Wednesday March Mariner News

DMZ · March 8, 2006 at 9:39 am · Filed Under Mariners 

Dan Wilson is retired. Beltre hit two home runs yesterday. That’s more than he hit in either June or September of last year.

Lots of people wrote angry columns about Barry Bonds. There’s no point to linking: you could click anywhere else on your monitor but this story and find four.


68 Responses to “Wednesday March Mariner News”

  1. Smegmalicious on March 8th, 2006 5:51 pm

    I meant they were prohibited by the MLB but not tested for. That sounds like grounds for punnishment if they should choose to make an example of him.

    I can’t find a solid answer on the MLB steroid rules from that period though.

  2. thedude on March 8th, 2006 5:51 pm

    #50 — Im afraid you’re right. And that’s too bad. Its too bad that nobody is willing to make tough decisions at the upper levels of MLB.

  3. Ralph Malph on March 8th, 2006 6:01 pm

    Some of the blame has to be shared with the MLBPA. MLB could not unilaterally impose a testing policy — it had to be collectively bargained.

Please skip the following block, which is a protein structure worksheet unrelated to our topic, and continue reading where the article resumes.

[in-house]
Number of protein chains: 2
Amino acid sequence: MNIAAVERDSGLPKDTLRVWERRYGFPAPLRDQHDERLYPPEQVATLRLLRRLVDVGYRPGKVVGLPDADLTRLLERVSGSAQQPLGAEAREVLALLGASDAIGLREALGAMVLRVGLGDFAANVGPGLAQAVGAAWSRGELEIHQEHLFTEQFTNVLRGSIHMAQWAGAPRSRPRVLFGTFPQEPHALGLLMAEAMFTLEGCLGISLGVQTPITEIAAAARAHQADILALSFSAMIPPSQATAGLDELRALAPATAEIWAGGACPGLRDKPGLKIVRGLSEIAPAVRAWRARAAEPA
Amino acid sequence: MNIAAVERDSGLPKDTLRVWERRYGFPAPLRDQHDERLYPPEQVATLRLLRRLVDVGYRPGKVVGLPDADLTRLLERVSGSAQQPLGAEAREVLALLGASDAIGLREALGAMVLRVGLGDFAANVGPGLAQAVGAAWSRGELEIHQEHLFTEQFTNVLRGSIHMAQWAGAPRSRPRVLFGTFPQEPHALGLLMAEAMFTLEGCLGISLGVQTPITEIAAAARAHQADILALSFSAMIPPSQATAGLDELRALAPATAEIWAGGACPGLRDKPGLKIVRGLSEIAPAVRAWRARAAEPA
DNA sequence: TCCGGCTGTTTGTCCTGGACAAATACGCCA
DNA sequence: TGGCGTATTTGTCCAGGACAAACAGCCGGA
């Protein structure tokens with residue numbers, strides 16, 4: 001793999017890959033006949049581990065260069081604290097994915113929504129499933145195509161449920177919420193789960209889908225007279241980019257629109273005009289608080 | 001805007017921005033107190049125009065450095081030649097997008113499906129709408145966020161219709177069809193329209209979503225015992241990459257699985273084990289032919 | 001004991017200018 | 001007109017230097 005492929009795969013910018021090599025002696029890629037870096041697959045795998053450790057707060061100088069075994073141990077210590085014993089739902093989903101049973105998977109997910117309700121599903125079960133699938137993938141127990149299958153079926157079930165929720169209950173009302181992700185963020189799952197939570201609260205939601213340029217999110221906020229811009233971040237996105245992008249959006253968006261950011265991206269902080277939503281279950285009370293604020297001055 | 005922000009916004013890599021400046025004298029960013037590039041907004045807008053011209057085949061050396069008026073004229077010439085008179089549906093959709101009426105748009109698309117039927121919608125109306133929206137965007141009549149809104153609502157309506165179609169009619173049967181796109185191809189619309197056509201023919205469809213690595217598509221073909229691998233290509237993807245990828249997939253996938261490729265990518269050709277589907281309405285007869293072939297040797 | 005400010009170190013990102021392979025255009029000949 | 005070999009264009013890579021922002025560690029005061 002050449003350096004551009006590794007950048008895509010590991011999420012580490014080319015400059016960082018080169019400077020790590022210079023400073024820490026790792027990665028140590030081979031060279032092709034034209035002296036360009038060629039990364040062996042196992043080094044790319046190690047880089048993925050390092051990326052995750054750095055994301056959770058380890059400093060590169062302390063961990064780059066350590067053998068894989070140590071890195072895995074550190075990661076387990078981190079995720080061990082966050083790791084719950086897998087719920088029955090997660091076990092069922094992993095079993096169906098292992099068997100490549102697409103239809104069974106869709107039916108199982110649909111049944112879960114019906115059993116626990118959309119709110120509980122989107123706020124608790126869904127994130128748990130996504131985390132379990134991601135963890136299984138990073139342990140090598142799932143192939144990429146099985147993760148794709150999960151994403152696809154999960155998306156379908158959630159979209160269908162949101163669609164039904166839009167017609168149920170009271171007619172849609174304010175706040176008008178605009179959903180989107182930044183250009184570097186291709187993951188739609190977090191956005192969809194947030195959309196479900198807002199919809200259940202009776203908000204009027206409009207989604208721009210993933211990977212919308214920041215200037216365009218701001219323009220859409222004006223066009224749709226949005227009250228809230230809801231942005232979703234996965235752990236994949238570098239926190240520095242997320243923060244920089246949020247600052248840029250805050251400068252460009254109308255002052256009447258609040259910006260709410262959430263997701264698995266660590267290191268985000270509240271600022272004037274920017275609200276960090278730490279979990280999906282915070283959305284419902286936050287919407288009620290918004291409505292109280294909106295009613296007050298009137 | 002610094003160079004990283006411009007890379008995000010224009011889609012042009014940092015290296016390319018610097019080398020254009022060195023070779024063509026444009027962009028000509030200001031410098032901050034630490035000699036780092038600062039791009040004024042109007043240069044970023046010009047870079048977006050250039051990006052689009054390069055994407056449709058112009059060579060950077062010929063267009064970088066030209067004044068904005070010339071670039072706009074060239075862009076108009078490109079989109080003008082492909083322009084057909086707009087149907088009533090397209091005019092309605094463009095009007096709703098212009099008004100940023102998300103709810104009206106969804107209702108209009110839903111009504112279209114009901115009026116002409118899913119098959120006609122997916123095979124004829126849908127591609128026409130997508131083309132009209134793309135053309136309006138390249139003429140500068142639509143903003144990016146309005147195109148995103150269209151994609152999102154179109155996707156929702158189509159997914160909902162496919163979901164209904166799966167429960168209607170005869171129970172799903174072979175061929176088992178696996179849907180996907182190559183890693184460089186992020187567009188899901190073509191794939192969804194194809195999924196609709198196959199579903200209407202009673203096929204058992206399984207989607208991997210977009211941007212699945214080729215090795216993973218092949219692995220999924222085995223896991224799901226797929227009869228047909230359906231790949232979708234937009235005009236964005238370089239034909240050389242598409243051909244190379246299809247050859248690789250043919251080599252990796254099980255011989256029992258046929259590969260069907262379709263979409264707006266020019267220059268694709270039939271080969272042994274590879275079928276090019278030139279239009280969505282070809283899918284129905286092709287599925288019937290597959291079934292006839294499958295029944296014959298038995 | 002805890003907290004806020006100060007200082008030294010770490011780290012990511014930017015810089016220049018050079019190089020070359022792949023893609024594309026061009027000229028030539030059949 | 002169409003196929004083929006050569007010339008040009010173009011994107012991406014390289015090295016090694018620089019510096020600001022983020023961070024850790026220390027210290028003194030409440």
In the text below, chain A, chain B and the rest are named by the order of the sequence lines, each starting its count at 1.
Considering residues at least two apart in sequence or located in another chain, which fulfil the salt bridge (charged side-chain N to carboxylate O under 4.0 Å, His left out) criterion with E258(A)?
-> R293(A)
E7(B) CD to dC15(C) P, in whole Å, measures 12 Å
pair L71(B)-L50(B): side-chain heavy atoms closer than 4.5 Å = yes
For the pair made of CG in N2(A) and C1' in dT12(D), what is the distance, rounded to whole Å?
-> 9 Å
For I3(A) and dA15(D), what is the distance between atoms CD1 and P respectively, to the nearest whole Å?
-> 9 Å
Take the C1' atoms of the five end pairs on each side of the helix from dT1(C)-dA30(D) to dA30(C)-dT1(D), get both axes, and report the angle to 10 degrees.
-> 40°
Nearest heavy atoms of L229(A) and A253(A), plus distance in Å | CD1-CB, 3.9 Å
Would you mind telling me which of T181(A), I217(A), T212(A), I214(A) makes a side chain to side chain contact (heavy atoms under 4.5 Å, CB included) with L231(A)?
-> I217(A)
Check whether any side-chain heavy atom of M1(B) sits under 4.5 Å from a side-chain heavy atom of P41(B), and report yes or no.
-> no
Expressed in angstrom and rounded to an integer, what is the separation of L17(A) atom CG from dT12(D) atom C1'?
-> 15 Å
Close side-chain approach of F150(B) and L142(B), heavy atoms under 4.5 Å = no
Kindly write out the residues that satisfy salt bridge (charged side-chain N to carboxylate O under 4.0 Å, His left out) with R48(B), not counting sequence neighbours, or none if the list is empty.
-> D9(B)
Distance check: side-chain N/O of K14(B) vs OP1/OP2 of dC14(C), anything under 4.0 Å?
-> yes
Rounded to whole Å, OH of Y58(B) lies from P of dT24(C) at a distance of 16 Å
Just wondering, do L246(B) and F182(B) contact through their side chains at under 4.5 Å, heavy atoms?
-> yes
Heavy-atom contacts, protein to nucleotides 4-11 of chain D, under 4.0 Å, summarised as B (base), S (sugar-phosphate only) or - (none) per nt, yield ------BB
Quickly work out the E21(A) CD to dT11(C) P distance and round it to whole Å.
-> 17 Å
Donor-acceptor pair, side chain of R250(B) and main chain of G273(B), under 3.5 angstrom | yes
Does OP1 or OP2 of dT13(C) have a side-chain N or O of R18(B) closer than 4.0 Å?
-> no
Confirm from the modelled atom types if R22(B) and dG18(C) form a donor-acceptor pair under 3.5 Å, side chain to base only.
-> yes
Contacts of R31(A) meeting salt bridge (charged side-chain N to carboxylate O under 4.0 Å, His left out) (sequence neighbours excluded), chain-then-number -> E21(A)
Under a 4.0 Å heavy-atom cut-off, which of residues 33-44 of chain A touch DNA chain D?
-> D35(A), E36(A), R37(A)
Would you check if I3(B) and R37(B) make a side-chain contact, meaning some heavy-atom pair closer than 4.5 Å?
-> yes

4. chief on March 8th, 2006 6:11 pm

    #53. You are absolutely correct. The MLBPA resisted testing as long as they could. But MLB didn’t push it all that hard either. After all the juiced power era was filling the seats and affecting the owner’s bottom line in a positive way. I suppose one could also point a finger at the media for not blowing the whistle.

  5. dan@jackson on March 8th, 2006 6:20 pm

    I recommend highly Howard Bryant’s book on baseball and steroids, “Juicing the Game”. There is plenty of blame to go around,including the Commissioner,the owners and the players that used.I,for one,feel only sadness over the Bonds revelations.Barry made bad choices.He would have been a HOF player had he never used ‘roids, and still mentioned in the same breath as Ruth.Now it is all tarnished. And that’s just plain sad.

  6. DMZ on March 8th, 2006 6:54 pm

    w/r/t the drugs Bonds was accused of taking in the book excerpt, to make broad generalizations: